For six months I was part of a team that used this eye to find, follow and (often) kill insurgents from afar. It was a surprisingly intimate process. We would watch commanders for hours, days and weeks on end, never leaving the safety of a secure operations room. Once an individual of interest was located, the aim was to always know where they were … rotating assets, staying focussed and never allowing a ‘blink’ in the eye. When we were sure, and if the moment and rules of engagement were right, we would strike. It was designed to be clean, clinical. The target would know nothing before the explosion - bar perhaps the subconscious realisation of the faintest hiss as a missile left the rail from a drone or helicopter some kilometres away. We were the quiet, surgical high-tech snipers of the modern age, and about as far away as possible from the overwhelming force delivered in the invasion of Iraq. Morally it should have felt infinitely more proportionate, more discriminate, and therefore better.

It didn’t. The clinical nature of the ‘machine’ was somehow harder to morally square than the visceral experience of Iraq. It was perhaps ironic that the last time I had watched live death through television was on 9/11. Isolated from the actual violence being applied, I could feel myself becoming increasingly detached from the strikes. They became commonplace, a process to be followed: guided by targeting lists, flowcharts and rules of engagement. The life at the other end gradually lost some of its meaning. Worse, it was easy to get caught up in the thrill and challenge of the game: rotating assets, avoiding the ‘blink’, setting conditions, achieving a strike. It was exciting, and entirely free of personal risk.

Older, a little wiser and more experienced than in Iraq, I began to turn a critical eye to my own moral perception of my actions. I was by this time a committed professional soldier, and no pacifist. I firmly believed that killing in war was necessary and justified. But it could never, and should never, be free of moral cost. I realised that Bates was wrong. It was not enough just to know I was one of the King’s subjects. I could not believe that obedience could wipe my moral responsibility for my own actions, somehow deferring them to the State. I began to reconsider and rediscover my moral compass. I returned to theory, studying philosophy and the morality of political violence. I delved into the two-thousand year history of the traditions of just war, reading the works of moral philosophers like Aristotle, Jeremy Bentham, Immanuel Kant, John Stuart Mill and Michael Waltzer. Critically I started to write down my experiences, stripped of secrets, to help me to understand my own cardinal points. I realised that, through study and writing, I could armour myself with a framework of theory that would allow me to square my own moral responsibility for fighting. This ethical armour, I hoped, would protect me from the slippery slope into the atrocity of killing without purpose.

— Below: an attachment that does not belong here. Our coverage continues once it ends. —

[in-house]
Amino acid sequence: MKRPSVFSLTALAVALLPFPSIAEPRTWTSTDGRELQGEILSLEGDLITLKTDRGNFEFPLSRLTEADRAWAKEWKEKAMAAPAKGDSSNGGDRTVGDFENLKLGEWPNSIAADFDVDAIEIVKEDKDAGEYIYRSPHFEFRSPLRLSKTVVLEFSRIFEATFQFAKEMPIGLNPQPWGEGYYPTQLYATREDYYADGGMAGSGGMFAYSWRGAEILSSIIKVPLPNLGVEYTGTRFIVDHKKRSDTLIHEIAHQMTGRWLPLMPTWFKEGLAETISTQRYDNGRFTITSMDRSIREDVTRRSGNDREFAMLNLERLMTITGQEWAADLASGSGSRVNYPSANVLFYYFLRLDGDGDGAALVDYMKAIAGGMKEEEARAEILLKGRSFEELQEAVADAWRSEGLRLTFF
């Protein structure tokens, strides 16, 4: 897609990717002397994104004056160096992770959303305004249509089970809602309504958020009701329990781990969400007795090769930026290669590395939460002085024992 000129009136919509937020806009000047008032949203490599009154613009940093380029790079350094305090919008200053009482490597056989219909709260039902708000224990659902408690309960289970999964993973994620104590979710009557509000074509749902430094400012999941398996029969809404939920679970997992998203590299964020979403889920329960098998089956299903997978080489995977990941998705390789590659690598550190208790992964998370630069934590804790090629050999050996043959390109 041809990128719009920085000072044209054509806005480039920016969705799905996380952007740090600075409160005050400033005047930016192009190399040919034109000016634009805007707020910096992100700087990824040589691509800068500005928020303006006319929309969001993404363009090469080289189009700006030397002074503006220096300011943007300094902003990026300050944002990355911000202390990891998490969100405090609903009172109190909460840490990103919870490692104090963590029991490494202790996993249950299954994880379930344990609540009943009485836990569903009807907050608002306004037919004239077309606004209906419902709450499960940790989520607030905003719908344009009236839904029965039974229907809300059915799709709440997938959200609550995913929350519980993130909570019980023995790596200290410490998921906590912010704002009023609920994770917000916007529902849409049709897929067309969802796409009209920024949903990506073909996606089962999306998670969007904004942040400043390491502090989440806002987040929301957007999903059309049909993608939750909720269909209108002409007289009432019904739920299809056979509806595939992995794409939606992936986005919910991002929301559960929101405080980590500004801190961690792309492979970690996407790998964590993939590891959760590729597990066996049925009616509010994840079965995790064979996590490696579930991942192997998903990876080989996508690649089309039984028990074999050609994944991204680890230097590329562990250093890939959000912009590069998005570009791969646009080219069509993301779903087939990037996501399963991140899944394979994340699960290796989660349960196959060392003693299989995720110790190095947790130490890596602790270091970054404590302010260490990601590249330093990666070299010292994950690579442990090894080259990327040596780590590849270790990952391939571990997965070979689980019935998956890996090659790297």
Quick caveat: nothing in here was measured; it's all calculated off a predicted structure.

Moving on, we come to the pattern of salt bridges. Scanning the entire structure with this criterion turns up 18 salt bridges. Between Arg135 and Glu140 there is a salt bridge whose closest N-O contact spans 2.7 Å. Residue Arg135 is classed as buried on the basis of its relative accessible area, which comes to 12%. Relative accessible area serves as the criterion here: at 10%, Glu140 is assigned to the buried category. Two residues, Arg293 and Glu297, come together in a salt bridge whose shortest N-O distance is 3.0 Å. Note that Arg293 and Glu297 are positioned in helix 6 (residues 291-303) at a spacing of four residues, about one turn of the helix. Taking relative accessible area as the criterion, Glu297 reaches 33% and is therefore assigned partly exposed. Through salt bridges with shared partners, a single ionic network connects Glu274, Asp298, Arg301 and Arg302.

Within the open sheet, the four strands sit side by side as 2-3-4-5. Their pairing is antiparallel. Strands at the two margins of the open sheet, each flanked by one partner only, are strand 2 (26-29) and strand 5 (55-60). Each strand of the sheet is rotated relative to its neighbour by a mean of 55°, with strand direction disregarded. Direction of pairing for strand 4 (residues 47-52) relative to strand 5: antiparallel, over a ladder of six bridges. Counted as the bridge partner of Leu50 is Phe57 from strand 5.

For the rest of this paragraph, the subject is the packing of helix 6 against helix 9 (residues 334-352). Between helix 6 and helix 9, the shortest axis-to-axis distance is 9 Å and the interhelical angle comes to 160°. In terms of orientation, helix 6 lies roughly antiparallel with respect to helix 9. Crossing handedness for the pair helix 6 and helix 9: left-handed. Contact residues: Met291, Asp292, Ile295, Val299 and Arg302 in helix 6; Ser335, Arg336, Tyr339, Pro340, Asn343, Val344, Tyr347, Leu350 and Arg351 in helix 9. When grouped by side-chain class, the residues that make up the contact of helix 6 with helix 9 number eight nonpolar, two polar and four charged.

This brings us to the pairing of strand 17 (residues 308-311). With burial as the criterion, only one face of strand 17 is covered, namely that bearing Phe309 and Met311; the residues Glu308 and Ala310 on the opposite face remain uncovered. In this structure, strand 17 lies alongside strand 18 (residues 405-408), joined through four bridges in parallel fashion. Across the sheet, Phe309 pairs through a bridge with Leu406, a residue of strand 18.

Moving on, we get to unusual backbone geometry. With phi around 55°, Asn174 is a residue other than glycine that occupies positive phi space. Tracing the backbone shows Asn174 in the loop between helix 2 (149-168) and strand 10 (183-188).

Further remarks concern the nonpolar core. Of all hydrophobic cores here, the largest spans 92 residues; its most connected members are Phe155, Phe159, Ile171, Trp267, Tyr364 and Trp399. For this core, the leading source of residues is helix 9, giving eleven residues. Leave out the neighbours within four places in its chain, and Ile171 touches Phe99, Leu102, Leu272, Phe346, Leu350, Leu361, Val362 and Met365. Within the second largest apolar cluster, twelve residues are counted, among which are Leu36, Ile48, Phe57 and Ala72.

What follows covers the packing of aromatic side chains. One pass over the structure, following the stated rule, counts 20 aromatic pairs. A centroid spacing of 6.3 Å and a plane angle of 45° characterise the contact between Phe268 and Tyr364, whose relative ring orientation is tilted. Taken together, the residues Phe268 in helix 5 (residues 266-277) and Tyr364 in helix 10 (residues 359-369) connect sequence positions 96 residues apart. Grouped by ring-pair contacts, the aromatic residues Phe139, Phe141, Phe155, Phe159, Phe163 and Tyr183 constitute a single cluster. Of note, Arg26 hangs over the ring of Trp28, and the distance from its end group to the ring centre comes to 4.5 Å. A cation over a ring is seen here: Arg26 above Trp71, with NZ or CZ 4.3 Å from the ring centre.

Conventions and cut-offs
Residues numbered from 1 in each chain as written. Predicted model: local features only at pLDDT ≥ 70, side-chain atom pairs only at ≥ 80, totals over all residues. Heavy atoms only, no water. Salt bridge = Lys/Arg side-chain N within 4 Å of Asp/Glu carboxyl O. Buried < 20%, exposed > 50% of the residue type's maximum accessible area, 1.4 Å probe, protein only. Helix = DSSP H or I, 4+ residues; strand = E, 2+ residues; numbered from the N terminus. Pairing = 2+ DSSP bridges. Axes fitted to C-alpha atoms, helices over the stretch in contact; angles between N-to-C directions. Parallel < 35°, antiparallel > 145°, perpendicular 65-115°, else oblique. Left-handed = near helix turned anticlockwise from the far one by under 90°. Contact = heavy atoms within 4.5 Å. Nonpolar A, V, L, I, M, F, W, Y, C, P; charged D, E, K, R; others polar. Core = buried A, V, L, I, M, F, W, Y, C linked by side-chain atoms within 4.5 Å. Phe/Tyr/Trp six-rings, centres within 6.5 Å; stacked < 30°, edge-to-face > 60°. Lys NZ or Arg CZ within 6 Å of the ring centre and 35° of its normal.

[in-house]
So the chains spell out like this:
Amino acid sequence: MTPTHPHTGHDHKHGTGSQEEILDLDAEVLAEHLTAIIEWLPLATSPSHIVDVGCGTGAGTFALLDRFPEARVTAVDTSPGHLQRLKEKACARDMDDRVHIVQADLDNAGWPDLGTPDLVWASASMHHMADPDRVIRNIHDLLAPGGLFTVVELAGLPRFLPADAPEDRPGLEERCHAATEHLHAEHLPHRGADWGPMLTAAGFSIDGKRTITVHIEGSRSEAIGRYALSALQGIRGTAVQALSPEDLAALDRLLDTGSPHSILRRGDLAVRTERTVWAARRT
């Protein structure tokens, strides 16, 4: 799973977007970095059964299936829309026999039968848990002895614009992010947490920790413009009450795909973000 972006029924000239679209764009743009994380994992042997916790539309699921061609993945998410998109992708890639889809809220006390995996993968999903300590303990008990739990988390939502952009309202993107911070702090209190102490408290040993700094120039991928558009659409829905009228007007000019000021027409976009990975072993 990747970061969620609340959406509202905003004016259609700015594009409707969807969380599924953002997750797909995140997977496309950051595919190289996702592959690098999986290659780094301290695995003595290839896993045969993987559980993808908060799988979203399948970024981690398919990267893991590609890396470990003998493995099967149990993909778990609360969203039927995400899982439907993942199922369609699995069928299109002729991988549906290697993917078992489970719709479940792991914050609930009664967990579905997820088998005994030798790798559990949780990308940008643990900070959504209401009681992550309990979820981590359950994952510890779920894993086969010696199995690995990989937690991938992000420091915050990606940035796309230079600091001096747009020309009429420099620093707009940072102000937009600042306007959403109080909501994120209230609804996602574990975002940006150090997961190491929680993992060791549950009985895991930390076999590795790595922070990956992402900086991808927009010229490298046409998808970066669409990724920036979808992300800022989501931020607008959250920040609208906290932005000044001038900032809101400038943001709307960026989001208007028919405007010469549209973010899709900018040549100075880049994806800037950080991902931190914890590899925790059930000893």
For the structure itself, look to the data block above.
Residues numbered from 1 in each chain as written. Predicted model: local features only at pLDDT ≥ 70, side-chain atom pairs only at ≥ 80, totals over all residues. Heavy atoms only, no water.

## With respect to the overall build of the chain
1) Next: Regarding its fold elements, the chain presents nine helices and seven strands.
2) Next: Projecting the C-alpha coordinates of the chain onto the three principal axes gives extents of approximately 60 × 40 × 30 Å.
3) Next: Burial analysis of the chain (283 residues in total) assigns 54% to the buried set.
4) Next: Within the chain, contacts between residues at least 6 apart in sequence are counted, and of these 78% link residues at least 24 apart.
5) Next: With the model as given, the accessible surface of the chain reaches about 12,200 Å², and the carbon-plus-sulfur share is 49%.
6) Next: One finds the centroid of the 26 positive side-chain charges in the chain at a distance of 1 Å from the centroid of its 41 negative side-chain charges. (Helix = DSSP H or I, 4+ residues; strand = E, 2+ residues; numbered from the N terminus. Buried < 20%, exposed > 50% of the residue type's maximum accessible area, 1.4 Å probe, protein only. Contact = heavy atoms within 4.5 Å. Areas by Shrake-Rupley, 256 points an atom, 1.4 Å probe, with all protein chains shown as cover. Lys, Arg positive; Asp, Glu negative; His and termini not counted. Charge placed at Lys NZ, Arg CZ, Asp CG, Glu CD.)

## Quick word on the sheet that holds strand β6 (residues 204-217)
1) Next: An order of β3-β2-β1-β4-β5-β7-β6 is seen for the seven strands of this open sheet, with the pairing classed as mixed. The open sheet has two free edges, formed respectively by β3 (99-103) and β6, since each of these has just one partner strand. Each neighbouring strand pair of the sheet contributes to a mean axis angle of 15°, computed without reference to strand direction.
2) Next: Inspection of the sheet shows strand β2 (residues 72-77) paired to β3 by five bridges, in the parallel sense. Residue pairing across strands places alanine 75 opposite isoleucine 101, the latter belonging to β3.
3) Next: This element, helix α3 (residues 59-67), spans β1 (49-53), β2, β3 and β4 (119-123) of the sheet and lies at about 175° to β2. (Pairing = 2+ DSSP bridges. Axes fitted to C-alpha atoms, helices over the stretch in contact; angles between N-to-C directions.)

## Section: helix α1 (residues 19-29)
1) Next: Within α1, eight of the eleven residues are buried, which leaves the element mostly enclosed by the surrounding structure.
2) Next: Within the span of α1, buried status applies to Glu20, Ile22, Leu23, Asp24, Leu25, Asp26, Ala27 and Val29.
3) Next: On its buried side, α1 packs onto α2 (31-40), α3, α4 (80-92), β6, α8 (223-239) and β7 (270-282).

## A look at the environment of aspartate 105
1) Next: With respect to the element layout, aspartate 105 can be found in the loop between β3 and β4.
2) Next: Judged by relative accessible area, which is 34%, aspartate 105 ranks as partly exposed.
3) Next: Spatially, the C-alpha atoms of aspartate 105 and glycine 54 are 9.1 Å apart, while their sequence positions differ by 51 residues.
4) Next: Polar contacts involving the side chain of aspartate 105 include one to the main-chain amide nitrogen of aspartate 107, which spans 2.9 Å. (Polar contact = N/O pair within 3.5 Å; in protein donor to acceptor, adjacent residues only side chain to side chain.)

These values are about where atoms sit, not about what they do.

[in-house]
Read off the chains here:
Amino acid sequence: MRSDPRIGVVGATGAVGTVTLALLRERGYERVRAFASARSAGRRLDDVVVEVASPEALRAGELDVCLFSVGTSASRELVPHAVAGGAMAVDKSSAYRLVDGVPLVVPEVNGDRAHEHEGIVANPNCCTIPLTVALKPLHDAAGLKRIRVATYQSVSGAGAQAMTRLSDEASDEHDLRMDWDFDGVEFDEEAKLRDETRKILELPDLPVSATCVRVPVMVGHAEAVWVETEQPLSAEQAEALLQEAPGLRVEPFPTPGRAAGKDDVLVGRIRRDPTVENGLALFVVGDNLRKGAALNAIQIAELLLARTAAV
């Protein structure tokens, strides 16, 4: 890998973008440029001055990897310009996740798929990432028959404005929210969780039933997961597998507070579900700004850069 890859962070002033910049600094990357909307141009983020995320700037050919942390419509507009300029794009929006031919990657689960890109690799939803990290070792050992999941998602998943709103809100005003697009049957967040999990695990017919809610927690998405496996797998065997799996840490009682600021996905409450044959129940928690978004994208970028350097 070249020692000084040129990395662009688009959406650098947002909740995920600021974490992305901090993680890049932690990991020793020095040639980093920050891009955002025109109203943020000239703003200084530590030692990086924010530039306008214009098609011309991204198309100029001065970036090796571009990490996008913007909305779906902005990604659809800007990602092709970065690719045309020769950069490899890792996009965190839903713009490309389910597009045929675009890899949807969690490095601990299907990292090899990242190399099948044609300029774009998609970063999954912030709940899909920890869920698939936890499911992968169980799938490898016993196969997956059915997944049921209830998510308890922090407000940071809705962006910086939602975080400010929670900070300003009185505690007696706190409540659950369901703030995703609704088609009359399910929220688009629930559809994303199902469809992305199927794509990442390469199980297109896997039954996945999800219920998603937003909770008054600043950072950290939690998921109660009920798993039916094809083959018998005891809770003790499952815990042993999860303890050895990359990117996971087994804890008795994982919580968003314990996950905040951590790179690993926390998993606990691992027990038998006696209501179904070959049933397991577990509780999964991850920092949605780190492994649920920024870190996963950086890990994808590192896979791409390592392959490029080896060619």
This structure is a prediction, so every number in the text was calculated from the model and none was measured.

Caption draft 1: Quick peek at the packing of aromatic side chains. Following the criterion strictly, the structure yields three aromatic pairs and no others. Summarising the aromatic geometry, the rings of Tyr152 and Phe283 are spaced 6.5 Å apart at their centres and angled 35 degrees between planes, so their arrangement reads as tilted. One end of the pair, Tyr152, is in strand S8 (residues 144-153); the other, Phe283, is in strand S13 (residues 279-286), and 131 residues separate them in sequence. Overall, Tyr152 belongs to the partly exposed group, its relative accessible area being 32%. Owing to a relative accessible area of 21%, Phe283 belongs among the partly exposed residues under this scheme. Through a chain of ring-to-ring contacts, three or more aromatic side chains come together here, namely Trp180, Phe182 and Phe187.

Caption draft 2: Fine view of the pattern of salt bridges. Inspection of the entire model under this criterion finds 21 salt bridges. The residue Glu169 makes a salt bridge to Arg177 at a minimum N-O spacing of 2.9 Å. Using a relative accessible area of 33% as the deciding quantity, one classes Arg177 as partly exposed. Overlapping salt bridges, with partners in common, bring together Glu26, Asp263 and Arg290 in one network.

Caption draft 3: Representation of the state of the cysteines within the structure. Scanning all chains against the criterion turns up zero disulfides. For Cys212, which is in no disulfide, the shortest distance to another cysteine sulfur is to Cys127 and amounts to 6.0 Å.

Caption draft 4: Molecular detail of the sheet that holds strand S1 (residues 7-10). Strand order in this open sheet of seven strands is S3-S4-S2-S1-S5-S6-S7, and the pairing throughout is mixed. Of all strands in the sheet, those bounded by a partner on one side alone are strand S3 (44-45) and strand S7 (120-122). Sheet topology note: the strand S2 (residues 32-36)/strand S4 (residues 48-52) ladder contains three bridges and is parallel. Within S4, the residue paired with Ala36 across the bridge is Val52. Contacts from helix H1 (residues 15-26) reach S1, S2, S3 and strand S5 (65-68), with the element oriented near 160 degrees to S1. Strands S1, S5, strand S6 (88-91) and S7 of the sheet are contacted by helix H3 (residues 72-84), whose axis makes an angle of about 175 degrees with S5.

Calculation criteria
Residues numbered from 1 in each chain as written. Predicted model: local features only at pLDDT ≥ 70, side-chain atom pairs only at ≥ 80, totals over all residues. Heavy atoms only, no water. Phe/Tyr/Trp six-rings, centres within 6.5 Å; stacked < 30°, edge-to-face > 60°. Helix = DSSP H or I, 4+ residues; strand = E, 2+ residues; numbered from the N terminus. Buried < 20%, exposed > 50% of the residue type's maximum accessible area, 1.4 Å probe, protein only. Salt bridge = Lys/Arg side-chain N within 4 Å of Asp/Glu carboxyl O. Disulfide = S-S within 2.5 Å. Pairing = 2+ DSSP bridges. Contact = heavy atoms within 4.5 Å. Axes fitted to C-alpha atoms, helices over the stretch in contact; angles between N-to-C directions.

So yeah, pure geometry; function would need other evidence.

In 2013 I returned to Afghanistan, this time with the responsibility of squadron command. I was determined that the soldiers in my care should not find themselves in the personal moral place that I had found myself in Iraq and Afghanistan. Yes, I wanted them to be able to kill.However I also wanted them to be able to understand the ethical challenge killing would present. I needed each of them to be able to square their own moral circle: to be able to look at themselves in the mirror ten years down the line and be spiritually content with what they had done. So I taught them ethics, and I wrote it down for them. I tried to give them the same theoretical armour I had constructed for myself. Each soldier had to find their own answers, but I tried to give them a framework to consider the problem. Deep down, I think it worked. As a unit we held a tight line on the use of force. We killed, but we did so with caution and consideration. We guarded ourselves against the heady excitement of war. We avoided the slippery slope to barbarism. I like to think, as a group, we will look back on that time and be content with what we did.

Moral Lessons and the Value of the Written Word

We have learned in the agony of war that great power involves great responsibility.

From a speech written by Franklin D. Roosevelt the night before his death [6]

In December 2014, not long after my departure from Helmand Province, the international mission in Afghanistan ceased. This placed a marker in the sand for the wars that were a direct result of the 9/11 attacks. The Obama Administration was clear that the so-called Global War on Terror (a war without geographical boundary and targeting an emotion) was over. I therefore had the dubious honour of being one of those who were both present at the declaration, and then part of the cessation. For fourteen years we had fought persistent, irregular and broadly unpopular wars. Tens of thousands were dead. But there had not been another 9/11, and for a brief moment it seemed like the armies of the West might be gifted with a dividend of time for introspection. I returned to the UK to teach at the Joint Services Command and Staff College. On the back of a successful tour, my ethical concerns faded into the background of a new role and a glorious summer.